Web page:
Most blue hair colourants on the market are semi-permanent and designed to leave the hair within 10 washes. However, sometimes the blue colour molecule may seem to be wanting to stick around longer than you would like.

Why is this?

There are several reasons why a blue hair colour may be fading slowly or appearing not to budge at all. And sometimes it’s for reasons you simply wouldn’t expect.

The blue Is trapped inside the hair

At Knight & Wilson, the most common reason we find a semi-permanent hair colour is remaining within the hair, is due to encasing. In this situation, the hair has been washed on multiple occasions or in direct succession, with the belief shampoo will pull and flush the semi-permanent colourant out. However, many shampoos, feature silicones and conditioning polymers, designed to condition the hair and make it easier to comb. When trying to fade a semi-permanent hair colour, these ingredients can have the opposite effect. With every wash, conditioning polymers and silicones coat and then build up on the hair causing the blue colour molecule to become trapped inside the hair. A cycle begins, whereby the individuals then tries to wash the hair even more (with these shampoos), causing the encasing to become worse. The individual notices the hair colour simply won’t fade off with washing.

So how do you rectify this?

When trying to fade off any semi-permanent colourant, you should always use a clear or clarifying shampoo. The Style Freedom Detox Kit is a great solution for removing shampoo, conditioning barriers and ultimately getting directly to the trapped semi-permanent colour. Enabling it to flush from the hair and fade out as designed to.

Fade semi-permanent colour out over ‘washes’ not ‘shampoos’

A semi-permanent colour will fade off in up to 10 washes. However, this does not mean 10 applications of shampoo in direct succession. When dry hair is wetted and washed, the hair cuticle opens and the detergent within the shampoo gains access to both the cuticle and upper cortex (the hair’s internal structure). During that first stage from wetting the hair and the shampoo entering, any semi-permanent colour molecules within the hair start to dislodge and flush out. HOWEVER! The hair also absorbs and fills with water. Therefore, any semi-permanent colour molecules which did not dislodge in the first shampoo, are now surrounded by high moisture. This moisture makes the colour pigments far more resistant to dislodging and flushing from the hair in an immediate subsequent wash. Again, if a rich silicone or polymer-based shampoo is being used on the hair, continued washing will only encase the hair and prevent any fading at all. So, standing in the shower, and washing again and again is going to have less effect in removing a semi-permanent colour. Therefore, to correctly fade off an unwanted semi-permanent colour you need to…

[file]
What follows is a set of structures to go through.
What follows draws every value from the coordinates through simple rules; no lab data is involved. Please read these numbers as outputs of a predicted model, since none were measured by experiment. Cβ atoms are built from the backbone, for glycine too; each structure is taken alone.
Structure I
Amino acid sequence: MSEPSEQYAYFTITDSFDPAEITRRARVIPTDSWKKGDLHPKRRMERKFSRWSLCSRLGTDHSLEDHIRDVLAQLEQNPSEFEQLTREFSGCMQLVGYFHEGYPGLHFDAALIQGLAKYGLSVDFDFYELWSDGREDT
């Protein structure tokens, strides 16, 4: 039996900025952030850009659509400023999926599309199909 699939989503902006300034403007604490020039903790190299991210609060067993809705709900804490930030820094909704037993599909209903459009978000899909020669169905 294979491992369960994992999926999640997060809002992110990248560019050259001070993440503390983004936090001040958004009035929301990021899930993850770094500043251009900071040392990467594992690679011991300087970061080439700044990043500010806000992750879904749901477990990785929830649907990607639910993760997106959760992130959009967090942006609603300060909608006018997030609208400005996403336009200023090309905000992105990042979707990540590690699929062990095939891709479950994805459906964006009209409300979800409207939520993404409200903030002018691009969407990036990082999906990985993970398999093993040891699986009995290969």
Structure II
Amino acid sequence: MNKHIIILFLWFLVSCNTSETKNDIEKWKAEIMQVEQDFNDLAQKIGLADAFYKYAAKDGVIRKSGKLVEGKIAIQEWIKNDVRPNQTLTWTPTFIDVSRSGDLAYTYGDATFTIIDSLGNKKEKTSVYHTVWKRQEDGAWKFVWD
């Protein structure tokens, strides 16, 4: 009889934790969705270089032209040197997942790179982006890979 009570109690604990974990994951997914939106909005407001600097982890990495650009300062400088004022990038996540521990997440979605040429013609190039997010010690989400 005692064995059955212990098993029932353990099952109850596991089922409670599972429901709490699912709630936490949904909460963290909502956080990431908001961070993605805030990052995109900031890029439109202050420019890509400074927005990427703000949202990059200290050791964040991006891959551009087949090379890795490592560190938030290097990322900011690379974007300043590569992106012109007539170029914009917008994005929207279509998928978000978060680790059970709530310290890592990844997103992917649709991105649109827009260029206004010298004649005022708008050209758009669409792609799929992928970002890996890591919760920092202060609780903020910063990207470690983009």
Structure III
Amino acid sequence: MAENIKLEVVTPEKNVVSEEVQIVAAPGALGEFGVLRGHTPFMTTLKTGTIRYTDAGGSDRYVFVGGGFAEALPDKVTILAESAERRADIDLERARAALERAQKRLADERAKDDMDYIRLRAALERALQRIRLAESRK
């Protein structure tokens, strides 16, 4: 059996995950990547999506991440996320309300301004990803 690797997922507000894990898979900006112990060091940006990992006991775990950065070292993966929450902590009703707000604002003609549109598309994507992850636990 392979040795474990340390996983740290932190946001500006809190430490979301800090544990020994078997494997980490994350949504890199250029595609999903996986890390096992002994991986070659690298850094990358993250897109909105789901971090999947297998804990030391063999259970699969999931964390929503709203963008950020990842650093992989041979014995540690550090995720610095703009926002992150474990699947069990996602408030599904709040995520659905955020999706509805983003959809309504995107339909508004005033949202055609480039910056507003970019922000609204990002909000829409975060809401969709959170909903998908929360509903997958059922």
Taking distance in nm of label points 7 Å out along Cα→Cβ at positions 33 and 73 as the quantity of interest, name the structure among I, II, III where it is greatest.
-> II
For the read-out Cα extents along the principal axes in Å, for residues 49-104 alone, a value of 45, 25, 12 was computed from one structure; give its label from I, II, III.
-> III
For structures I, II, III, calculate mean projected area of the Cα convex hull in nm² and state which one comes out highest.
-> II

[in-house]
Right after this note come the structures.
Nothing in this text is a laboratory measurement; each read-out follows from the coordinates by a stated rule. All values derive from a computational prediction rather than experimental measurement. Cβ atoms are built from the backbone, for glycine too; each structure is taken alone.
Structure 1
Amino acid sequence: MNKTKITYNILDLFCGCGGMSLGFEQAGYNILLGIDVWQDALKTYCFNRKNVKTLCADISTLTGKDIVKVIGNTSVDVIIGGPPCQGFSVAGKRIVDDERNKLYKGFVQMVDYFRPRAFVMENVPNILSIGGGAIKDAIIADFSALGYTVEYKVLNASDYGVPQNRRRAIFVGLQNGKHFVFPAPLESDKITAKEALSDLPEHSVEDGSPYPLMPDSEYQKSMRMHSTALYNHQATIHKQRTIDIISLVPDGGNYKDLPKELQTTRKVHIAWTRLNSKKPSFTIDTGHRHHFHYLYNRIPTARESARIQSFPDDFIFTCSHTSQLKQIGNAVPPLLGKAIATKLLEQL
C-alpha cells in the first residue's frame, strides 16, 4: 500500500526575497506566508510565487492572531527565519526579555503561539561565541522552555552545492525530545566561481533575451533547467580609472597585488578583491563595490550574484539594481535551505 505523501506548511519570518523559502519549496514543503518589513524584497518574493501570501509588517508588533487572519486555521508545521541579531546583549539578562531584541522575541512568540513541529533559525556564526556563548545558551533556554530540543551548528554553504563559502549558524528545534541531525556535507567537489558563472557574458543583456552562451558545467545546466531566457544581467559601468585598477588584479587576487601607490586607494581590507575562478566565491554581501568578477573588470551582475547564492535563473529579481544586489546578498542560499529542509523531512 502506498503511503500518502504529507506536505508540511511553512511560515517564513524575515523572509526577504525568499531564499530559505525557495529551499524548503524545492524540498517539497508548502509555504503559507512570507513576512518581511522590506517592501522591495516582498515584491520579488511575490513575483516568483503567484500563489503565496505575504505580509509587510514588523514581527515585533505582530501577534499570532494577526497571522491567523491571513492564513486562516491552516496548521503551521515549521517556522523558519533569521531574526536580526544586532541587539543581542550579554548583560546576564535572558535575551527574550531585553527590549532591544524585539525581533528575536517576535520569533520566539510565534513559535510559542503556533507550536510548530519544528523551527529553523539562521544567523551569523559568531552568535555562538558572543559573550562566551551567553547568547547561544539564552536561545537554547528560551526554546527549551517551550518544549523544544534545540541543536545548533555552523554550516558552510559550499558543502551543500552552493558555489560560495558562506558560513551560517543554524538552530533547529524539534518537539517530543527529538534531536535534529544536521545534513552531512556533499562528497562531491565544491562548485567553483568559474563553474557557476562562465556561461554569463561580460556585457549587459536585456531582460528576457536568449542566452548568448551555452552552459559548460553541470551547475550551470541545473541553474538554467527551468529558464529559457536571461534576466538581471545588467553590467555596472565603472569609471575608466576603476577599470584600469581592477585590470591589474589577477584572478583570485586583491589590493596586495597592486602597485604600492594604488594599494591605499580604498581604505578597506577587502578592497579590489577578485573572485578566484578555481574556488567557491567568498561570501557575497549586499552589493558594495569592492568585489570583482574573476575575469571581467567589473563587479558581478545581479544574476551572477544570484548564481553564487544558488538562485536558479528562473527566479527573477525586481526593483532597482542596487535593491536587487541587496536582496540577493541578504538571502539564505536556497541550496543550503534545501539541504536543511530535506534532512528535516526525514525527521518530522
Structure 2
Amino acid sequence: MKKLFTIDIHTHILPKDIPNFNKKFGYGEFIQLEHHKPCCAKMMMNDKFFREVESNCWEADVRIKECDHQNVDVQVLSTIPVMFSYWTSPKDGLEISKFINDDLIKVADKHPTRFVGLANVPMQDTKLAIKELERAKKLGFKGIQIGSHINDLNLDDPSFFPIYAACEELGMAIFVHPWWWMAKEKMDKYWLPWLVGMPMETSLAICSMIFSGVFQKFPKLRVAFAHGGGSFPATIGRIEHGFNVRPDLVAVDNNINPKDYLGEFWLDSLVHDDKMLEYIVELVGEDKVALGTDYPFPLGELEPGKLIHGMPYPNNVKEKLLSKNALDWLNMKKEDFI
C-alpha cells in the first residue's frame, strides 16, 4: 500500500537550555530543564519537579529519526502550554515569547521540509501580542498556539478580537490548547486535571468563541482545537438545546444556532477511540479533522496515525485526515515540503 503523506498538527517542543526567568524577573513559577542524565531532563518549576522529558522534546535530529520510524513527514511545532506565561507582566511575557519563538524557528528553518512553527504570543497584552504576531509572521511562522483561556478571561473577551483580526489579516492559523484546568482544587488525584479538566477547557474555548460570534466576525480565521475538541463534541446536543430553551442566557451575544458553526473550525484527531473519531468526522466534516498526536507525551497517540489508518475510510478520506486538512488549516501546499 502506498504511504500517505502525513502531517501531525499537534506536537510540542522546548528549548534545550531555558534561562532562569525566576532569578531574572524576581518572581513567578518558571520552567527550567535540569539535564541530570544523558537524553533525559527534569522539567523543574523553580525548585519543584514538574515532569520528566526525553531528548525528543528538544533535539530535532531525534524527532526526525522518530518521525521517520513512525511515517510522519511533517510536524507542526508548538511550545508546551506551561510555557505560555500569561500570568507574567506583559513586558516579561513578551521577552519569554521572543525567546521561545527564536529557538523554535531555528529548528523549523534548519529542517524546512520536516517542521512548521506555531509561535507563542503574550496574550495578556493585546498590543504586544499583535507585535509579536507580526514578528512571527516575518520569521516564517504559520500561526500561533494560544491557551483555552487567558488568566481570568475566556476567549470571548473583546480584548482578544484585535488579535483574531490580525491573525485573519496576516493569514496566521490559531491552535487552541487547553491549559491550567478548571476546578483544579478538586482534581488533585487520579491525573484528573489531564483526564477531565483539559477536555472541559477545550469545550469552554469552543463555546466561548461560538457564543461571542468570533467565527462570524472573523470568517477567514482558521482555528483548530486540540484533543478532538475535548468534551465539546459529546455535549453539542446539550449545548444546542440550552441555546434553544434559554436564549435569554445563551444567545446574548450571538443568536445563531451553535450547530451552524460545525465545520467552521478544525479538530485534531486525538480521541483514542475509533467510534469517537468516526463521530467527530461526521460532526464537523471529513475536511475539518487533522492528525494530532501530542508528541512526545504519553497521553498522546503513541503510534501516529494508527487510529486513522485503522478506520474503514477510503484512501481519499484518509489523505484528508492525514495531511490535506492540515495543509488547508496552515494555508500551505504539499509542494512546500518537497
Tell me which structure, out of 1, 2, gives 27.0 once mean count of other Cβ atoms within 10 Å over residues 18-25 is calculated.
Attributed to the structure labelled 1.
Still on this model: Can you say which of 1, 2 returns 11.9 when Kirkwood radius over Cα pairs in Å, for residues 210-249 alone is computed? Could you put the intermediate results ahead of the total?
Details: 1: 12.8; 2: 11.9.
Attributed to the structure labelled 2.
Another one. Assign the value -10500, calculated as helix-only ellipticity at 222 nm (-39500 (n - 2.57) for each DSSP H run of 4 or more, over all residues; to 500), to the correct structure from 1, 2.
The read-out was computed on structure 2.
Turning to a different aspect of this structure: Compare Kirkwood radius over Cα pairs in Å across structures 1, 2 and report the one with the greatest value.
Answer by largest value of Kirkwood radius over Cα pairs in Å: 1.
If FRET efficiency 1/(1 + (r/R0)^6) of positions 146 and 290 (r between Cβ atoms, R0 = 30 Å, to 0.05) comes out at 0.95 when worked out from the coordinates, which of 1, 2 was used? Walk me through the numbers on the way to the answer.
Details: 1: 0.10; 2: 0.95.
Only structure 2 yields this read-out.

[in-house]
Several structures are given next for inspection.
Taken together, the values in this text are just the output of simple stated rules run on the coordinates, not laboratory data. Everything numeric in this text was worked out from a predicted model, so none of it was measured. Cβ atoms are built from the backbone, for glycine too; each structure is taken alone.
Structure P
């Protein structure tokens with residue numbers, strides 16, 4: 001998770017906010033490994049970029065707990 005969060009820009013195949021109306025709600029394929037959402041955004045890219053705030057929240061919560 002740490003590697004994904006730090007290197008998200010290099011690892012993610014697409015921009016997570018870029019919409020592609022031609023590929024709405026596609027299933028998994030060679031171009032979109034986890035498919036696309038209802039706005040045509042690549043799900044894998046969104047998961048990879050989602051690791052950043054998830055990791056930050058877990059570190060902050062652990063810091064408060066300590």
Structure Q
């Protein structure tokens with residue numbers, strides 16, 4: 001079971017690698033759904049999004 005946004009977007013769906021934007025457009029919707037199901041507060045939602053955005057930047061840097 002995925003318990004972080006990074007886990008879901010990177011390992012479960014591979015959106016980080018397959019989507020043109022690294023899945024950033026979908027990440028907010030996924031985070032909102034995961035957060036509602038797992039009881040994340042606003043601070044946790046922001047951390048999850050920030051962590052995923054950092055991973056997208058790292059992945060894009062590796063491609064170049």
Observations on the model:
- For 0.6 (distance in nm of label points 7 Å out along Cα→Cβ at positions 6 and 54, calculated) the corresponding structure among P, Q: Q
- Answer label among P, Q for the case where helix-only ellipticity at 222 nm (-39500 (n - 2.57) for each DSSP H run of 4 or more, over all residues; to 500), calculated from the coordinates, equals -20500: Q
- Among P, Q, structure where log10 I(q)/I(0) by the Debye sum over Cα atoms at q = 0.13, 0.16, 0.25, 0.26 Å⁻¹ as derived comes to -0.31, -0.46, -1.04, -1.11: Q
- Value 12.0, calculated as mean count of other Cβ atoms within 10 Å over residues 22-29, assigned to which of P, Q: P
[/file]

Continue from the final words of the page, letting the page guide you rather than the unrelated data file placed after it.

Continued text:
Wash out daily rather than in succession

When hair can dry and normalise and 24 hours is left between each shampoo, you will find semi-permanent colour fades far more effectively. Especially if you are using a clarifying or clear shampoo with each wash. With blue colour fading you should notice the following: –

• 20% of the blue fades in the first wash – taking a bright blue to a softer but clear blue
• You should get to 50% removal between washes 3 and 6
• The blue should be gone between washes 6 and 10. However, do not expect a pure blonde colour to return.

Green is Good!
To display, a blue hair colour needs to be applied to bleached or pale blonde hair. When bleaching hair, you will always see yellow. The reason being, is our hair’s internal structure is made from keratin protein which is yellow. Consequently, when all pigment is lightened out, we see the true yellow colour of the hair. For this reason, blondes need to tone to prevent hair appearing brassy.
But when we have applied a blue semi-permanent colour the initial depth of that blue covers yellow. However, as the blue fades off the underlying yellow tone within the bleached hair begins to show through. As you might remember from painting class at school, blue+yellow=green. Therefore, when your blue hair colour begins turning green, it’s a good sign. Because it means the blue has now significantly faded off and could be neutralised out!